The humble potato has been much maligned in recent years. I blame the paleo movement and the idea that a starch will somehow rot your joints and make your bottom big. My bottom might be a somewhat generous size for my frame, but I remain unconcerned about the potato’s insidious effects on my fat storage, simply because I love them and they make me feel good. Anything that I love and that makes me feel good gets filed under ‘health’ food in my own little mental tally of what is good and right and what is wrong and bad. Potatoes have the added benefit of coming from deep in the earth. Potatoes are comfort food and I am not entirely sure what came first— the grounding associated with comfort or the comfort that comes from grounding. Either way, when life gets hectic, when I start to feel frazzled, when my eye twitches for no reason and when a single cup of tea starts keeping me awake until 2am, I reach for the roots. Add to that a combination of my favorite plants— black sage, white sage, wild rose, California bay— gathered from the trails I frequent, and there’s a double dose of grounding: one in the earth and one in my place. There is rootedness and there is permanence and there is a still point amid all the chaos. And for that I, and my twitching eye, can take a deep breath and be grateful.
On that note, lovely people, tell me more about your grounding and stress relief techniques please?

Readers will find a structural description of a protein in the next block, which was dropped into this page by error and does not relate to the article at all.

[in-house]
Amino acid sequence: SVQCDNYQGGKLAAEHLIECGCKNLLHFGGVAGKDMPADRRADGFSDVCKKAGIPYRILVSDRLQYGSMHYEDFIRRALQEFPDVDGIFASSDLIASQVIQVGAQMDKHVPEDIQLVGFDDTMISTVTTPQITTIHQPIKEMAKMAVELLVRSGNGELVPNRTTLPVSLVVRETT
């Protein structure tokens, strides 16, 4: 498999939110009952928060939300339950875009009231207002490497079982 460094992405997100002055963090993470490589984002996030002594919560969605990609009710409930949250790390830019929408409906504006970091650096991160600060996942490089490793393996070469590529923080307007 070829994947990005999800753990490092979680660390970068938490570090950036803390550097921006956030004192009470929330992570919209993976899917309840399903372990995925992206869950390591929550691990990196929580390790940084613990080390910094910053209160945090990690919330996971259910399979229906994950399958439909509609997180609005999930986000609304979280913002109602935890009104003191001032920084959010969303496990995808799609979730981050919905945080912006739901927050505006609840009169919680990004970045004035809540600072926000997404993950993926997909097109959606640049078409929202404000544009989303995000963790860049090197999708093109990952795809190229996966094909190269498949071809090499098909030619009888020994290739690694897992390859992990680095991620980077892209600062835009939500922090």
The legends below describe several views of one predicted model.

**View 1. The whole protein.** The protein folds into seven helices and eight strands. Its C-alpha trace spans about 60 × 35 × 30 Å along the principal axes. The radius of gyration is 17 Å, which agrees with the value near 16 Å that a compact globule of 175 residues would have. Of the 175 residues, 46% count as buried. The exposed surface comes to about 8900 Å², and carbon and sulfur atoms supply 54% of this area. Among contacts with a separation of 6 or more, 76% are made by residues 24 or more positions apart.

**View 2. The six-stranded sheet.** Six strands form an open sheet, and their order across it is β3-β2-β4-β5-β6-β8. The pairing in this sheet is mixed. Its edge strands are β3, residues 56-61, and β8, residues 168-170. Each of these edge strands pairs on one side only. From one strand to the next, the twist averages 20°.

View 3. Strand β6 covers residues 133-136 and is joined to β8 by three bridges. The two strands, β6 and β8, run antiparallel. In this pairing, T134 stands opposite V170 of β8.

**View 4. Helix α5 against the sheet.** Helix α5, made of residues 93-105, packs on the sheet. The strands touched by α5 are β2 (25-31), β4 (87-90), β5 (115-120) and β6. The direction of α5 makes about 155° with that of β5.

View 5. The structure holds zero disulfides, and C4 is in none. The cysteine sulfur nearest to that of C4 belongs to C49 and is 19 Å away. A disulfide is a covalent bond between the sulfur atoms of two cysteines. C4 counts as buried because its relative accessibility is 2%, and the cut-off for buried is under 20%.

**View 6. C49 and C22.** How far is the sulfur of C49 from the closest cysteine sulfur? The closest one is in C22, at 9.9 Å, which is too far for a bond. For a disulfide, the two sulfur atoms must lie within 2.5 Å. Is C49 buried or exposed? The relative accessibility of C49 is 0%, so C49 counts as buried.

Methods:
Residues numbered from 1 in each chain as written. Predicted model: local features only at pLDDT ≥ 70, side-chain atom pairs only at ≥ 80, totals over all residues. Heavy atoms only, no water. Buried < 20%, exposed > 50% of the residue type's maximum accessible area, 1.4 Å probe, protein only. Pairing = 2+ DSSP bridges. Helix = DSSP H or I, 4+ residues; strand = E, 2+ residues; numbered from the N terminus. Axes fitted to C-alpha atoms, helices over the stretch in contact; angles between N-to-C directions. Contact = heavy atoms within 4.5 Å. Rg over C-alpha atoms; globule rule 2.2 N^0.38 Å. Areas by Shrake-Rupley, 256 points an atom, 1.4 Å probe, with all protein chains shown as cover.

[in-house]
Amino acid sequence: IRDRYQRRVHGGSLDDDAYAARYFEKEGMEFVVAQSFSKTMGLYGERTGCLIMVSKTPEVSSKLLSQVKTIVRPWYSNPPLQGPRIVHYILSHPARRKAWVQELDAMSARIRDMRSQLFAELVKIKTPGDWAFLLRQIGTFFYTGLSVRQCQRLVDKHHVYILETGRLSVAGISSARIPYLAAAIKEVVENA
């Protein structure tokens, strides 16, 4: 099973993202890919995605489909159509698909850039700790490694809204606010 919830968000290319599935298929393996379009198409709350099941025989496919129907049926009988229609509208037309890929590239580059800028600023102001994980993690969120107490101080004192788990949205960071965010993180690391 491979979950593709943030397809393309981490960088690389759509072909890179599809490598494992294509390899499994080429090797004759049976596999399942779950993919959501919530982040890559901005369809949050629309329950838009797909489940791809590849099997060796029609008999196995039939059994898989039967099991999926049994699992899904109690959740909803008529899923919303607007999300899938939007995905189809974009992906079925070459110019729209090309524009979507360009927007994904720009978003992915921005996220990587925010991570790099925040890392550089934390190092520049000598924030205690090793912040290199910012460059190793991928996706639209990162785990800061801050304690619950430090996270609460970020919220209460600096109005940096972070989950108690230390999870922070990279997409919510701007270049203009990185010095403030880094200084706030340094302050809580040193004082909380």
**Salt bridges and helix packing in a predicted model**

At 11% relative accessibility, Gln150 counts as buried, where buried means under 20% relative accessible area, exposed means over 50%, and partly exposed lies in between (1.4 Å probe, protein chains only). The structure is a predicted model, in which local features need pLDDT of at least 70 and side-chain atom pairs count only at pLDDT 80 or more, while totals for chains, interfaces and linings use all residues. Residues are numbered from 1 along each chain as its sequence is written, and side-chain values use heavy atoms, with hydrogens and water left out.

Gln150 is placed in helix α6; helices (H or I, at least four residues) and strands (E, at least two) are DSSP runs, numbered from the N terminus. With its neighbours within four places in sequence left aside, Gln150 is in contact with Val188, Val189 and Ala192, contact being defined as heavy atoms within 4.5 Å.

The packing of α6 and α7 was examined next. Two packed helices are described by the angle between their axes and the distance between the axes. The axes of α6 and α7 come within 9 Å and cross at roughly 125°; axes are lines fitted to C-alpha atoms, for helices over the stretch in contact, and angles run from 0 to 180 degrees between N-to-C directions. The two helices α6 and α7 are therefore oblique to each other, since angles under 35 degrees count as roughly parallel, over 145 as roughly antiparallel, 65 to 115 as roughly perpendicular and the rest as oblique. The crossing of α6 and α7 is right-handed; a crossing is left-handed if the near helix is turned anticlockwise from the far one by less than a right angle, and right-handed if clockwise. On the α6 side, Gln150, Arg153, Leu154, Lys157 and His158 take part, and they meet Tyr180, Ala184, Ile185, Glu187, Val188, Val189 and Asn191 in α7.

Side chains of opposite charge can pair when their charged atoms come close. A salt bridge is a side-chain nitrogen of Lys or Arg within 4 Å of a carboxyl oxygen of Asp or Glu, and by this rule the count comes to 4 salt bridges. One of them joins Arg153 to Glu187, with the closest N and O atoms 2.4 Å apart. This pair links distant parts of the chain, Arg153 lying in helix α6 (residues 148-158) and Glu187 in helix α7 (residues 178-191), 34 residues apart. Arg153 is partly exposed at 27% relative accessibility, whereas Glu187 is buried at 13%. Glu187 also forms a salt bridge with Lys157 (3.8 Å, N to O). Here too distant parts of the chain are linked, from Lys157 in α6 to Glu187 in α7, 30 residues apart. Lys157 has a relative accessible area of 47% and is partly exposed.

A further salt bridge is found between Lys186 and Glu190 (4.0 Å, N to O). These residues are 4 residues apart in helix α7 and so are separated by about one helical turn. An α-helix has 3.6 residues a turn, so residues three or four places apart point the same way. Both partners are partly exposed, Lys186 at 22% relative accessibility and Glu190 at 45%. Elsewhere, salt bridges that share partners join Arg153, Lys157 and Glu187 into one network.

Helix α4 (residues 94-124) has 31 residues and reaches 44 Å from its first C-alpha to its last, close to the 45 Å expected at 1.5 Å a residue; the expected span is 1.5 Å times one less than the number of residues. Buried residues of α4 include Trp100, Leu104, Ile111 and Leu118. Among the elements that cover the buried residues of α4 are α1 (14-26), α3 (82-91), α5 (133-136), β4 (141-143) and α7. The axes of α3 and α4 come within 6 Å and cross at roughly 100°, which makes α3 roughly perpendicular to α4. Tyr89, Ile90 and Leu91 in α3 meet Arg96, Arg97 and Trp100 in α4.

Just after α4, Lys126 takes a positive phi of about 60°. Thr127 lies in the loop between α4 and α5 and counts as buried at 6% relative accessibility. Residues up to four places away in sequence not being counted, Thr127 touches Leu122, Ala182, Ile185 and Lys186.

This recipe is a simple variation on the roast potato. That is, its a roast potato cut into big chunky french fry format. I wouldn’t be lying if I said that we have them once a week and have done for the last year, although at one point they were happening daily. We serve them with roast chicken and ketchup and mayo for dipping. I have, on occasion, made myself a single potato’s worth when home alone watching Pride and Prejudice for the umpteenth time. I have also made ten potatoes worth for my entire family, and they went over a treat, although turning them all was a pain in the ever-growing bottom.
Seasonings can vary too. I use my Herbes De Californie most frequently, but sprinkled with Ras Al Hanout they’re quite spectacular (mix together equal parts harissa and mayo for a dipping sauce), and with Herbes De Provence they’re also delicious (aioli on the side), and sprinkled with ground up fir tips they’re also quite spectacular (homemade mayo made with fir infused olive oil).